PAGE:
Focus Challenge: Energy
Most energy today is produced by burning fossil fuels, which releases greenhouse gases into the air. Corporations are responsible for a large portion of energy usage around the world, but we also rely on energy for many of our everyday needs: lighting, heating and cooling, charging devices, transportation. However, there are certainly a lot of things we can do to cut down on the amount of energy we use and work towards making change in certain industries.
Climate Change and Energy
Energy generation operations account for 86% of all greenhouse gas emissions caused by humans, so lessening our energy usage could have a major impact on our climate. In total, 28% of greenhouse gas emissions in the United States are attributed to electricity production. Over 75% of electricity worldwide is produced by using energy sources such as coal, oil, and natural gas. Burning of fossil fuels is also a major component in transportation. In the United States it accounts for about 29% of greenhouse gas emissions. This includes personal transportation like cars, planes, and mass transit, but much of this is for shipping of goods. There are alternative energy sources which do not produce greenhouse gases, such as wind, solar, and geothermal, but their use is still quite rare.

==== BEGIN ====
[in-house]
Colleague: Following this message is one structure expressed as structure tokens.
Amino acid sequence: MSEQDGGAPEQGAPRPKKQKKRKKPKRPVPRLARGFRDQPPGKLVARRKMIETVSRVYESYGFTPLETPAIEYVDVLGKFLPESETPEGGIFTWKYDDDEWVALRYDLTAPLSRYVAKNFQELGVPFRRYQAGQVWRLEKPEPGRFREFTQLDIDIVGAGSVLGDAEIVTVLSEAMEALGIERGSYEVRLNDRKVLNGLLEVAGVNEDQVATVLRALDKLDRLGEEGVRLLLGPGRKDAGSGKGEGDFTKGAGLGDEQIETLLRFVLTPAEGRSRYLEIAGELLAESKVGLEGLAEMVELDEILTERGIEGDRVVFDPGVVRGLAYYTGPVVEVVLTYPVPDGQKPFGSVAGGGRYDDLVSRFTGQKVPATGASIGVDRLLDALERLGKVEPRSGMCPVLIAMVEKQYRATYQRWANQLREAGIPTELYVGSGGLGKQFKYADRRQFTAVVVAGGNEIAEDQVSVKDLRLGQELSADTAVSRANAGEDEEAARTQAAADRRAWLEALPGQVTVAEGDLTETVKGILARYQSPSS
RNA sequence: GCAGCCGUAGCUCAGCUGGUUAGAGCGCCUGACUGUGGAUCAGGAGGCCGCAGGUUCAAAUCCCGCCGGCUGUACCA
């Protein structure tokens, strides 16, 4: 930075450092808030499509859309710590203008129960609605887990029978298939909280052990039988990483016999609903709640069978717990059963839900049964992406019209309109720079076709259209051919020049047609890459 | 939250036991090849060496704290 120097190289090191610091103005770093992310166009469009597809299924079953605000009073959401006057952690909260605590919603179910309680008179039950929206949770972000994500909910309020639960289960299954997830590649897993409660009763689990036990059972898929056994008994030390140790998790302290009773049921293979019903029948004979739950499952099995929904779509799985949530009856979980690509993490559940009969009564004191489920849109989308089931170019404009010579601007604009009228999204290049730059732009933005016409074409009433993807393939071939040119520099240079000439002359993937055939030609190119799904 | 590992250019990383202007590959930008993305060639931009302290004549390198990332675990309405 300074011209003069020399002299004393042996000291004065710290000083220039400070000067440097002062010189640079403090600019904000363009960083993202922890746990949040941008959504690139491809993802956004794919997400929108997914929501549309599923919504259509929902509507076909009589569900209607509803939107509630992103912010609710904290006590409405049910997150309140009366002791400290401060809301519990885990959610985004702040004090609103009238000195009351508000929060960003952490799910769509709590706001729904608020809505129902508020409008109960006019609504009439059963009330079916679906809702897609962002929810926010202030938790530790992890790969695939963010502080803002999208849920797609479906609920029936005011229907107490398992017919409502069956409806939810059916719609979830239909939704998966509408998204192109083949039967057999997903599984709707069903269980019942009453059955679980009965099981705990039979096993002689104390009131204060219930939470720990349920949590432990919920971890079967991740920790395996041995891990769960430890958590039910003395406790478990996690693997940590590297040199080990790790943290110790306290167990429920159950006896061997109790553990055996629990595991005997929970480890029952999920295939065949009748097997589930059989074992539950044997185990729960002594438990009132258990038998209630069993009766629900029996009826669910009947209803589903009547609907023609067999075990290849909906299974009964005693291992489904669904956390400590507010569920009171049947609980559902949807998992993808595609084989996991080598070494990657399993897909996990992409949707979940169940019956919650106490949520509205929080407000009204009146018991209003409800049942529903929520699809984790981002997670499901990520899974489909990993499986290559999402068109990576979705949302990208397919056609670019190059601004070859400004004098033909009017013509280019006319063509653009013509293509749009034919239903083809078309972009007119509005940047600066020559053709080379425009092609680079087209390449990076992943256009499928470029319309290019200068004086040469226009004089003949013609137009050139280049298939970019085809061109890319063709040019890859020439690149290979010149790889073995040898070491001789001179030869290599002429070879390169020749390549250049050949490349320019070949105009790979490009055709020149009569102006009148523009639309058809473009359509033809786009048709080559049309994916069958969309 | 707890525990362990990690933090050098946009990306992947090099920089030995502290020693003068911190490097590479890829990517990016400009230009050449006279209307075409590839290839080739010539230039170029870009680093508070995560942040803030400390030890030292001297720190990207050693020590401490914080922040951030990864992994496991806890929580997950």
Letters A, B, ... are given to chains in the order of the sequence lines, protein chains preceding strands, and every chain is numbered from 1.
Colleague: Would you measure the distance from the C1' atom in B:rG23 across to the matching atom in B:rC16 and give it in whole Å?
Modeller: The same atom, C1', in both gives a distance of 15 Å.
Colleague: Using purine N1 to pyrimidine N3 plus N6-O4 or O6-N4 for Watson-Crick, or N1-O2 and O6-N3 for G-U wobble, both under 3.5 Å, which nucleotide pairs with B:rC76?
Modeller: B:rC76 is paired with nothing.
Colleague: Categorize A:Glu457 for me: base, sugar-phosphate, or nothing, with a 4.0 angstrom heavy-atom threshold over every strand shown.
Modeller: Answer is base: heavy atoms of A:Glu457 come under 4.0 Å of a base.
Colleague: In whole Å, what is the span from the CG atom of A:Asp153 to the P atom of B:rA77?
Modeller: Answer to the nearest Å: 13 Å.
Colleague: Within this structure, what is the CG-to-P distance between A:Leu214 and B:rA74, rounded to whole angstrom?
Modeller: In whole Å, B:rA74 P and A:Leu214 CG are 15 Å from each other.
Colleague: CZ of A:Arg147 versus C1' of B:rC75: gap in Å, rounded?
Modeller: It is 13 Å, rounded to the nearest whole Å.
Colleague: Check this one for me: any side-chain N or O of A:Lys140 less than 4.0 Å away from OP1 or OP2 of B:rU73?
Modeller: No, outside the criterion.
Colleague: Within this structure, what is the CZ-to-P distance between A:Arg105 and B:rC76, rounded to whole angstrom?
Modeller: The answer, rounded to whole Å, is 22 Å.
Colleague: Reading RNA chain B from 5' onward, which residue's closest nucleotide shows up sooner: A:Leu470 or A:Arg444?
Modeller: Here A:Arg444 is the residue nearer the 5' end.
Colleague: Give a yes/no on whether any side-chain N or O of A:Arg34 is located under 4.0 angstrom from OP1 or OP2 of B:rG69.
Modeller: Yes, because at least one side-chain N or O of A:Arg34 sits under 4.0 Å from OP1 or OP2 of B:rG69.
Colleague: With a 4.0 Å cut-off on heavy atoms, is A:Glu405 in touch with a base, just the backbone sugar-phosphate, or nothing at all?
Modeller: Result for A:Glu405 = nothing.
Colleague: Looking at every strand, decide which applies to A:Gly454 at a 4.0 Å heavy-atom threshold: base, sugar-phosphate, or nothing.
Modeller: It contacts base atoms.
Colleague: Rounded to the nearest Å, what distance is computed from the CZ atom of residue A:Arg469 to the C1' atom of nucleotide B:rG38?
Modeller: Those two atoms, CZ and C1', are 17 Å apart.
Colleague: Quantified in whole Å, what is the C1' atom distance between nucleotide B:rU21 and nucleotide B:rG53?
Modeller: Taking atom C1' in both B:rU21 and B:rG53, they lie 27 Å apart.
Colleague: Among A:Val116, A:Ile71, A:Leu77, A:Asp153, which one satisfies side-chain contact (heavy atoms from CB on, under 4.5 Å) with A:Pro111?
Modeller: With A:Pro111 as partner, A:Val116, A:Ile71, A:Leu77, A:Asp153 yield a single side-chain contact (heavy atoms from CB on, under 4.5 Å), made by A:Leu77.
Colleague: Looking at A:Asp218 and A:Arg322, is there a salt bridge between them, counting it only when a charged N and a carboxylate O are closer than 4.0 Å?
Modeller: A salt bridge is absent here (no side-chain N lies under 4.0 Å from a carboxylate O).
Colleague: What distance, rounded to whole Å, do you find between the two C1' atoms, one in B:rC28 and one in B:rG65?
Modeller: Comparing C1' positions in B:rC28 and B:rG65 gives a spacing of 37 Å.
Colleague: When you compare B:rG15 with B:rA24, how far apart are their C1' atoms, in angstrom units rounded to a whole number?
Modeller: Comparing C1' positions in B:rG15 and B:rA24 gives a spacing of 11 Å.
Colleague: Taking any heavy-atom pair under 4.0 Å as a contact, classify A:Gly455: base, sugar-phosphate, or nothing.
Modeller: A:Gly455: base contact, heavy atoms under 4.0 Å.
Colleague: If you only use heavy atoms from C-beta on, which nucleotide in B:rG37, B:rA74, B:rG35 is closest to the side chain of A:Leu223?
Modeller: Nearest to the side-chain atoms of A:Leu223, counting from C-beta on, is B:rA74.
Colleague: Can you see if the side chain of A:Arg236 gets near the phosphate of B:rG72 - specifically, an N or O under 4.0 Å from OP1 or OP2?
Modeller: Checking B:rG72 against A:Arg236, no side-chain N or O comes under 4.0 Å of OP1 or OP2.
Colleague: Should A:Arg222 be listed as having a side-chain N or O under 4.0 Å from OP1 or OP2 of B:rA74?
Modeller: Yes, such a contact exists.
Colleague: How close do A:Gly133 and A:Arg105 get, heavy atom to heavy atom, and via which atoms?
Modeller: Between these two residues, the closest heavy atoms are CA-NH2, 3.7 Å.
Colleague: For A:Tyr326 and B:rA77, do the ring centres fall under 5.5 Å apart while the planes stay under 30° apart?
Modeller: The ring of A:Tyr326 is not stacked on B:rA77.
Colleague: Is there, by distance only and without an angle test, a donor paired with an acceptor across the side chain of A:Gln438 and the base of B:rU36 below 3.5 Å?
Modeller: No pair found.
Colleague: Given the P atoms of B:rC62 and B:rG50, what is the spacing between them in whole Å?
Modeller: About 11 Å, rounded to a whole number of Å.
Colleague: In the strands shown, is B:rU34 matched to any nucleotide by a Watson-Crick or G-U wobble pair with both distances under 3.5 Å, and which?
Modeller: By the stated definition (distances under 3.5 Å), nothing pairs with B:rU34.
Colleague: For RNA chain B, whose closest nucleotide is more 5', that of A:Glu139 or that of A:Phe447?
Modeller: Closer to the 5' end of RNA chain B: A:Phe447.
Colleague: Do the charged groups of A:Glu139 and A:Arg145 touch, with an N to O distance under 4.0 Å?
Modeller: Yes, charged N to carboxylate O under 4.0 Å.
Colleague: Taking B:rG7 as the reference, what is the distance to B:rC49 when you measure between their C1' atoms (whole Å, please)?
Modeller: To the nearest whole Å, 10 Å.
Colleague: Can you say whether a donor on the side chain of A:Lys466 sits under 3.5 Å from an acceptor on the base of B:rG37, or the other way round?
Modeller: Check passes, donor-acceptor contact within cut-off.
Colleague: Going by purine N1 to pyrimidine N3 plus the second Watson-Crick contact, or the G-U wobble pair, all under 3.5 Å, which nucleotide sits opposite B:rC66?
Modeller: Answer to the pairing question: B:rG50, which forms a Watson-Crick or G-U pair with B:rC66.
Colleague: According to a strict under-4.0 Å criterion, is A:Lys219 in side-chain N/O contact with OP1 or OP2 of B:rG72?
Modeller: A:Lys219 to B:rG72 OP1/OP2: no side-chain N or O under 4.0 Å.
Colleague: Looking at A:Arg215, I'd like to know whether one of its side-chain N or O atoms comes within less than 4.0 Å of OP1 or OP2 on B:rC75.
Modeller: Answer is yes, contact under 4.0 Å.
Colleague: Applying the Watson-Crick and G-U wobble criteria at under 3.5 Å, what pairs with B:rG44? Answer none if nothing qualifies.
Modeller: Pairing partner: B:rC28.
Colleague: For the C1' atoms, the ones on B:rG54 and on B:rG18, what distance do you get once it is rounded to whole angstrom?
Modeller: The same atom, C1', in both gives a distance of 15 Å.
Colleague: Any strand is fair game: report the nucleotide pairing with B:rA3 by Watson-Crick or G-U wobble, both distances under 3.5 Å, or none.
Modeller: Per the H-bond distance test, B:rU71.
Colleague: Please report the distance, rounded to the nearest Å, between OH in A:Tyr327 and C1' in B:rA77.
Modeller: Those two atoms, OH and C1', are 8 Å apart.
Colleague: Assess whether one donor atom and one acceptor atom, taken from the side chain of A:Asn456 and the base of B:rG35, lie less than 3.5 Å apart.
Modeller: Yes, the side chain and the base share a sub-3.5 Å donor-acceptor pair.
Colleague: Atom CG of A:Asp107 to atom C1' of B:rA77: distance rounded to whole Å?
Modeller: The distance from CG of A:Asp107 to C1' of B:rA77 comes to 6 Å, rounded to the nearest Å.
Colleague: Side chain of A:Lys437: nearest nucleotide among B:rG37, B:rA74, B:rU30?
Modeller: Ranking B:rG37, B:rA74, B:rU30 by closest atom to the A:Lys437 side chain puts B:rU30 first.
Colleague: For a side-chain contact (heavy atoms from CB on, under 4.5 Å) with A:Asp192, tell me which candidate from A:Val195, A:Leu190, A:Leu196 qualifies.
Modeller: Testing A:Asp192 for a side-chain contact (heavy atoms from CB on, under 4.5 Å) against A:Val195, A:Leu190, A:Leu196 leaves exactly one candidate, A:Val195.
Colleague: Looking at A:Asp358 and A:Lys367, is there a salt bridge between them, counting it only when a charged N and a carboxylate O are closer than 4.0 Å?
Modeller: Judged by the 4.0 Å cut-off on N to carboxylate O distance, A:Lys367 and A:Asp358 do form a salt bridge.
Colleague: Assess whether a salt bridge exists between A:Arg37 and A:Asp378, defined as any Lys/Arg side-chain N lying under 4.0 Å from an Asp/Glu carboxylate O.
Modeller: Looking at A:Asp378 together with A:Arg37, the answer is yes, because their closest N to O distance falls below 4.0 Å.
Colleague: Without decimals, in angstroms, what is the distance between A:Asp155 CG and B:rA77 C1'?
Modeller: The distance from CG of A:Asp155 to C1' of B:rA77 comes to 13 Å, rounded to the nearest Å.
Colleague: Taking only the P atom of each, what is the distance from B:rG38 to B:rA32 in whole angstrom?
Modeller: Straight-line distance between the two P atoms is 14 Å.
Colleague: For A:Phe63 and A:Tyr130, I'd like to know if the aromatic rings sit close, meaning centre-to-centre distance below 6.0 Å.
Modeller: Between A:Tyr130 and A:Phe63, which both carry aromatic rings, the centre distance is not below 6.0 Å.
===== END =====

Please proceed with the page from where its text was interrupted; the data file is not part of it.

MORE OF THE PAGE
- What are ways that people need to use energy?
- What are some actions that could result in wasted energy?
- Are there ways we could use less energy every day?
- What are alternatives to using energy?
- How would these alternatives be helpful to people?
- Is this a good solution for everyone, or just certain people?
- How can we learn more from different perspectives?
- How can we use our understanding to help wildlife?
Interested in growing your understanding of energy usage? Check out the activities below! These can be distributed directly to students through your virtual classroom or sent via email, or they can be printed and distributed to students in person.
Reporting Your Results
Make sure to keep track of everything you do and share as much of your story as possible, such as:
- How many events or programs did you host? What were they?
- What were you hoping to accomplish?
- How many kilowatt hours (kWh) were conserved?
- How many CO2 emissions were conserved? Note: Once you have calculated the total number of kilowatt-hours of electricity you are reducing per month, you can convert that number into the pounds of CO2 emissions reduce by multiplying the number by 1.559.
- What immediate and future implications does your work have on local animals and people?